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One Family: The Four Children and the Disparity of Wealth

By sharing our common story of liberation at Passover, we are reminded that we are one family. Though we live with different perspectives, contexts and privileges, we are connected to each other. To understand our bonds—separate from our bondage—we must take the time to hear each other’s experiences and recognize that often they reflect different dimensions of ourselves. The Four Children come from the same family but have different understandings. Bringing their experiences together, we can learn more about each other and ourselves.

We’re accustomed to hearing about Mitzrayim as a Hebrew name for Egypt in the biblical recitation of the Exodus. However the word also can be translated as “the narrow place.”  In our world today, the narrow place is—ironically— the increasing distance between two groups of people. It represents the growing inequity of wealth inside the United States and around the world. The gap widens as the wealthy grow richer and the poor grow poorer. Here is a modern day retelling of the Four Children to remind us that—despite the gulf that divides us—we are all part of one family.

THE ONE WHO IS CONTENT
The one who is content asks: “What can I contribute?” This child lives the teaching of Ben Zoma (a second-century scholar), who answers the question “Who is rich?” with the response “The one who is content with her portion.” This child studies the teachings of tzedakah and understands the blessings and responsibilities of her privilege because she is part of an interrelated, interacting system that values community.

Table Conversation: In what ways are you satisfied with your portion? How do you understand tzedakah as part of justice in an interrelated community?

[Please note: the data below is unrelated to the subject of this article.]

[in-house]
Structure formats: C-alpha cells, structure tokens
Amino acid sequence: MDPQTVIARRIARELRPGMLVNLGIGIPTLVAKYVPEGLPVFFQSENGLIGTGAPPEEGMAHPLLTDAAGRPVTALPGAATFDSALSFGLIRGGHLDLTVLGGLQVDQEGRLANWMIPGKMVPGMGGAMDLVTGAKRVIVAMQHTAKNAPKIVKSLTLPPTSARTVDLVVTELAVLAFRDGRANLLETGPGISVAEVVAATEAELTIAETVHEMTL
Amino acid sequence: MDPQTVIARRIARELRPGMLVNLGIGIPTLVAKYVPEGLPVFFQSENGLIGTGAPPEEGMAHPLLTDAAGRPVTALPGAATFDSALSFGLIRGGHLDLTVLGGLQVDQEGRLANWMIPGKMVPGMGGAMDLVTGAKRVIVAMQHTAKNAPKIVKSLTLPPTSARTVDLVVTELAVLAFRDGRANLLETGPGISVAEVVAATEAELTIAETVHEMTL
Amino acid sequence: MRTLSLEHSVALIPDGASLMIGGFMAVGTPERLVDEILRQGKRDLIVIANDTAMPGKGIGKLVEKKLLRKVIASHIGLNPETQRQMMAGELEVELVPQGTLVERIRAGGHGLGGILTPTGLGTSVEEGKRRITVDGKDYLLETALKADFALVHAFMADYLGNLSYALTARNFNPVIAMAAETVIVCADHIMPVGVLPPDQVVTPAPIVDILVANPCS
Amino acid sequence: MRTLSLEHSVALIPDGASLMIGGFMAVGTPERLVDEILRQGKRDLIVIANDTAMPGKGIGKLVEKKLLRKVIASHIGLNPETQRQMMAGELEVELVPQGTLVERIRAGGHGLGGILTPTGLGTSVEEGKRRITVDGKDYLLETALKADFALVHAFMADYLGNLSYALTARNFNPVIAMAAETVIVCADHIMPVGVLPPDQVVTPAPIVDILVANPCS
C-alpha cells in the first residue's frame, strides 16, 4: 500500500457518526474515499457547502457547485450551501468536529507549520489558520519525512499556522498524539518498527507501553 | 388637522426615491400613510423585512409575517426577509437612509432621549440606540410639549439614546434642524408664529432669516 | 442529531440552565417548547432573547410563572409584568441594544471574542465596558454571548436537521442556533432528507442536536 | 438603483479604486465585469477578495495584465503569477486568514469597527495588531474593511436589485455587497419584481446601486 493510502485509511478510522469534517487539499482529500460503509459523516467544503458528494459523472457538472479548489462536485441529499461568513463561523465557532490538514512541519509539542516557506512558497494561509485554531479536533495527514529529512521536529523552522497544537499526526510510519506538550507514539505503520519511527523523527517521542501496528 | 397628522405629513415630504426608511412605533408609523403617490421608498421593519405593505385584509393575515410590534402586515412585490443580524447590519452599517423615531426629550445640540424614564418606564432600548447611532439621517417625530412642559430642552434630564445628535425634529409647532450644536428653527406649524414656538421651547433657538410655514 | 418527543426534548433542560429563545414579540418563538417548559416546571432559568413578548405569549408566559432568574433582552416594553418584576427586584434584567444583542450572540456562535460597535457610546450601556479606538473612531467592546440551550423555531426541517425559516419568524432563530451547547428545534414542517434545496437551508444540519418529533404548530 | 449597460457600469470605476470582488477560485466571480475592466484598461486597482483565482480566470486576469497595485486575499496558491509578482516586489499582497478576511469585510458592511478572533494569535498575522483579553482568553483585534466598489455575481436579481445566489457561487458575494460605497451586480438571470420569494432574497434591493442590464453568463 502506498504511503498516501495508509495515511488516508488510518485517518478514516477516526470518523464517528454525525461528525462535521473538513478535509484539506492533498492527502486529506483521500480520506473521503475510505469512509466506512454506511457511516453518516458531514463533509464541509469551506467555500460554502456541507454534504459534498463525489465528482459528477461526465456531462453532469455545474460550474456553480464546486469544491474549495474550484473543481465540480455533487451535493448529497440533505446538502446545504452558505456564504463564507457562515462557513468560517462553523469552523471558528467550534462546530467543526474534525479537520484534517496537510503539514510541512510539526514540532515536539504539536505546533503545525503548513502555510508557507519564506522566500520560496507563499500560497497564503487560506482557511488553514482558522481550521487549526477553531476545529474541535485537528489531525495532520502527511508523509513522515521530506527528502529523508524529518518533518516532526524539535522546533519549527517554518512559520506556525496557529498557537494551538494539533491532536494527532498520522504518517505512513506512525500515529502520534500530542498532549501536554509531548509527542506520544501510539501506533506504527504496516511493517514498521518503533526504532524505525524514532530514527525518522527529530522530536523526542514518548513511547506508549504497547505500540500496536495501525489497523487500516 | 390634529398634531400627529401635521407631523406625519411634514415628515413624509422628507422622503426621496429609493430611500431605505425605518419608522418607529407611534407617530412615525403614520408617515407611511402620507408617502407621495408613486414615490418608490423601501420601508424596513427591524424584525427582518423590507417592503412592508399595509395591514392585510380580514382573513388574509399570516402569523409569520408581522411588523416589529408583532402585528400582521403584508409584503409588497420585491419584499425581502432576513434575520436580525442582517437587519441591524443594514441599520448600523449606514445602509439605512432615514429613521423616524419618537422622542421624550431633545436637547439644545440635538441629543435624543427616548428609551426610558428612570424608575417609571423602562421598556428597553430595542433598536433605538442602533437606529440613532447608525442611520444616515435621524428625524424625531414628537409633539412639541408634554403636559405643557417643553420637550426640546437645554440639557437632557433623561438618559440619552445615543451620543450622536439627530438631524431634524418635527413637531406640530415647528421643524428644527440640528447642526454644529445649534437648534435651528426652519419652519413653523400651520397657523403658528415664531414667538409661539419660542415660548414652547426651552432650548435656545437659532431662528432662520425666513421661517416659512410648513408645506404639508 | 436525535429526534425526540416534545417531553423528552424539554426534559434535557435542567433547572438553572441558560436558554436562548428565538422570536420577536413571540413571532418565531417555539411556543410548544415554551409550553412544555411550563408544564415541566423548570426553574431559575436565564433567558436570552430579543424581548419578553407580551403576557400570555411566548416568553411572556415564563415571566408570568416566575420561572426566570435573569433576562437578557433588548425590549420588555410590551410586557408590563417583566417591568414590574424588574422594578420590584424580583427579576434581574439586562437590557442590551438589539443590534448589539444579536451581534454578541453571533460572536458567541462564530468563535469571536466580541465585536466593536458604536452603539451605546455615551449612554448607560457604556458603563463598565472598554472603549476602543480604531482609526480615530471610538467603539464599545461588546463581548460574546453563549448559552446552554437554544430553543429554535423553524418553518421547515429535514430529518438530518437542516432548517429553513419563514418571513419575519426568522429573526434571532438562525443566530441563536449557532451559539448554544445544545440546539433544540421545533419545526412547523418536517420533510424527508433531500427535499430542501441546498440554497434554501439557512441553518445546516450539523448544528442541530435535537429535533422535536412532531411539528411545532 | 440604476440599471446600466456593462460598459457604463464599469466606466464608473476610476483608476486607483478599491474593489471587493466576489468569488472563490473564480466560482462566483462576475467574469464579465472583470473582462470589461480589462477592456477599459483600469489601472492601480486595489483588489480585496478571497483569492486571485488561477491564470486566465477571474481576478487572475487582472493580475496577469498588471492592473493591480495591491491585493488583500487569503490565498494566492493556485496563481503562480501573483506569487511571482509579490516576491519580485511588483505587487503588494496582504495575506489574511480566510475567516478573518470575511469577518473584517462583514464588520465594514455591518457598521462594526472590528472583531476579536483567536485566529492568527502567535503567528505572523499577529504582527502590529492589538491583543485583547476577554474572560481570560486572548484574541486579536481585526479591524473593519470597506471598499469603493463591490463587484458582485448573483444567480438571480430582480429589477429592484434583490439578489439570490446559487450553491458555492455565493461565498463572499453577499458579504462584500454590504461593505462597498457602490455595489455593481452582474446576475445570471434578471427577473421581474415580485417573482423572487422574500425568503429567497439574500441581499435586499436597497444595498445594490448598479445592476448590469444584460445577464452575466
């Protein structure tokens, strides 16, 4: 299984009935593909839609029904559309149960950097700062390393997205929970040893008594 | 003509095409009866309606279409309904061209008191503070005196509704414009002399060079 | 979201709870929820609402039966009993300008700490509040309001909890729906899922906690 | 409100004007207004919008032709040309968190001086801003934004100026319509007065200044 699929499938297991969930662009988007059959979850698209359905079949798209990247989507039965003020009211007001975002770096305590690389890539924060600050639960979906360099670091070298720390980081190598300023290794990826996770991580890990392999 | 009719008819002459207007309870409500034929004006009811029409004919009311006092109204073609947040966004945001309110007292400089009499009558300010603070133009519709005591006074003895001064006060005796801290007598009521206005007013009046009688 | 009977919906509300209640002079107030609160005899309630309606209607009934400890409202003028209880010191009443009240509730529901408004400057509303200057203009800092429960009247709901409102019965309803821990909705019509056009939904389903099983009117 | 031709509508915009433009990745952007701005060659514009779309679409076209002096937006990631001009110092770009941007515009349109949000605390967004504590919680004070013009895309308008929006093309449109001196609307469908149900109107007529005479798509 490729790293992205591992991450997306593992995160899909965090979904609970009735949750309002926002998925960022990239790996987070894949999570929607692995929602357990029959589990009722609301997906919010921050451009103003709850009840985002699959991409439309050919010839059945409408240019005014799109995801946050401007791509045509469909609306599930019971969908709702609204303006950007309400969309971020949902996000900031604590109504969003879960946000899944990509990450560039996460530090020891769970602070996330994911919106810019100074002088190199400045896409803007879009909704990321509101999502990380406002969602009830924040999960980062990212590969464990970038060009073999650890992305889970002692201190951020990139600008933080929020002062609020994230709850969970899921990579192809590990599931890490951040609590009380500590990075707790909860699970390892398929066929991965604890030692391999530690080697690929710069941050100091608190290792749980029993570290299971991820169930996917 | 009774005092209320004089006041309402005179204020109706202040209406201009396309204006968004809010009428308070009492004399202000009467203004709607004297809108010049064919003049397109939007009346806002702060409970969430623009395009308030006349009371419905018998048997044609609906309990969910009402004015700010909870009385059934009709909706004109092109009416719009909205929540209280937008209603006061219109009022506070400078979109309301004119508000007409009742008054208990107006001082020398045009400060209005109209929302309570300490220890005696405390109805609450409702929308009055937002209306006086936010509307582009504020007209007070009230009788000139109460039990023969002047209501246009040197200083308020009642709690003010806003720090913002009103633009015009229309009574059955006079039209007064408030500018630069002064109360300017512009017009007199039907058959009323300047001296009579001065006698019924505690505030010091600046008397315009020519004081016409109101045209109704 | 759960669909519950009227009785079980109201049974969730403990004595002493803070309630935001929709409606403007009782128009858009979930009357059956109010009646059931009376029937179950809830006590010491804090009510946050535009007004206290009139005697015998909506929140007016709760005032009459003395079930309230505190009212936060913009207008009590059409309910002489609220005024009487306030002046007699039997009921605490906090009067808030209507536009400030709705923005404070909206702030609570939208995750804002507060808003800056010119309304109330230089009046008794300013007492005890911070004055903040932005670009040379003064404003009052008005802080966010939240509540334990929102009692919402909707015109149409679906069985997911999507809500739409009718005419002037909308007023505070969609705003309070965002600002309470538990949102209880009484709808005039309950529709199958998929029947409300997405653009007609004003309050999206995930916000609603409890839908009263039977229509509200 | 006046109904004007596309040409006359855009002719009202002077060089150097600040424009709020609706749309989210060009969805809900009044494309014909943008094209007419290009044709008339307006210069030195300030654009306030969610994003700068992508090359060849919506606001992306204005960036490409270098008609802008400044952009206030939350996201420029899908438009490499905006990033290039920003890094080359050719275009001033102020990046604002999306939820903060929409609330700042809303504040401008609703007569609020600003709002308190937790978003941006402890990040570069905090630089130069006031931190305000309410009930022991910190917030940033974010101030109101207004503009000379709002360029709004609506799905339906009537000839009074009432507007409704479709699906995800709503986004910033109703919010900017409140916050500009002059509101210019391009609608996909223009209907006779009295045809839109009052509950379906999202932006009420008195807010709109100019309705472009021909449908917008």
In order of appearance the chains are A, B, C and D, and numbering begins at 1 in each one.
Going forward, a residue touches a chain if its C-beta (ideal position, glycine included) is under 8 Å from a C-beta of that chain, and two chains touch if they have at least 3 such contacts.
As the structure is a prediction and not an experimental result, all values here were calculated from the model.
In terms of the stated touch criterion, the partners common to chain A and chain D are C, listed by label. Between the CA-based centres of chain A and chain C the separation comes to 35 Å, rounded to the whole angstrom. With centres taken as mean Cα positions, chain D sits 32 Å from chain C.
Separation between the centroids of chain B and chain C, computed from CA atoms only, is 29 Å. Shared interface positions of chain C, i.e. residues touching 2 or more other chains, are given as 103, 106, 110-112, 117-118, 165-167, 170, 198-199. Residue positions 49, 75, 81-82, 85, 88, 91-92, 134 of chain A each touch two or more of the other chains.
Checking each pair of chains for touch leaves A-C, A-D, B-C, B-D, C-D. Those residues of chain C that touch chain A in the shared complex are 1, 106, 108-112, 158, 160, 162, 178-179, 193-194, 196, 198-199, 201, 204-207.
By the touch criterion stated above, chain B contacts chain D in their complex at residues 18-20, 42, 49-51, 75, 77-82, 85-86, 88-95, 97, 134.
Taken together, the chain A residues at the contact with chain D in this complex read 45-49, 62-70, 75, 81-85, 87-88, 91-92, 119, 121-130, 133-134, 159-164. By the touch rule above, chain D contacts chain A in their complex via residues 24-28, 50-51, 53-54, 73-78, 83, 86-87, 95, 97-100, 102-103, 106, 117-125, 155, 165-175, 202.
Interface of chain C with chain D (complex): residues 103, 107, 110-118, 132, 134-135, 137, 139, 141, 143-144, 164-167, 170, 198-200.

THE ONE WHO IS GREEDY
The one who is greedy asks: “That should be mine, shouldn’t it?” already knowing the answer. He lives in fear that there will never be enough and that to avoid scarcity he must acquire everything first and fastest.  His connection to community is only through coveting what others have, which keeps him separate from others and unaware of his dynamics with his community. His self-esteem is wrapped up in possessions and his understanding of power is material. 

Table Conversation: We can all relate to the fear of this child at some point in our lives. How do you answer the questions: “How much material wealth is enough?” and “How do you know when enough is enough?”

THE ONE WHO IS UNAWARE OF PRIVILEGE
The one who is unaware of privilege asks herself: “Doesn’t everyone have that?” Often she makes assumptions that reveal her unfamiliarity with others’ identities and origins, which are different from hers. This child has an unexamined entitlement which—when challenged—can make her feel uncomfortable and defensive. She is often committed to doing good for others, but her contributions are more about feeling good about herself than doing what is just. This child cares about community despite these blind spots. Thus, with patience and exposure to a gentle teaching presence, this child is open to learning about the disparities and depravations of others. With awareness, her unrecognized privilege can be transformed into a deep understanding of herself and can spark responsible speech and action.

Table Conversation: In what ways does your understanding of privilege inform your responsibilities to others?

THE ONE WHO IS IN NEED
The one who is in need is often silent because he is overwhelmed by what he lacks. When he does ask “Can I have some too?” we often do not hear him because we turn away, or he is rendered invisible or disposable by our society. Filled with fear or lack of self-worth, this child is often blamed for his own need. But if we listen, we hear that this child is truly hungry. 

Table Conversation: Passover is the holiday when we proclaim “All who are hungry come and eat!” What will you do to live this mandate and ensure that we all have enough?

Download a PDF and print it to use at your seder.

Created by:

Rabbi Joshua Lesser, RRC ’99, Congregation Bet Haverim, Atlanta
Chair, Jewish Reconstructionist Communities Tikkun Olam Commission

 



Rabbi Mordechai Liebling, RRC ’85
Director, Social Justice Organizing Program at RRC
Staff Member, Tikkun Olam Commission

Type: Community Discussion Guide

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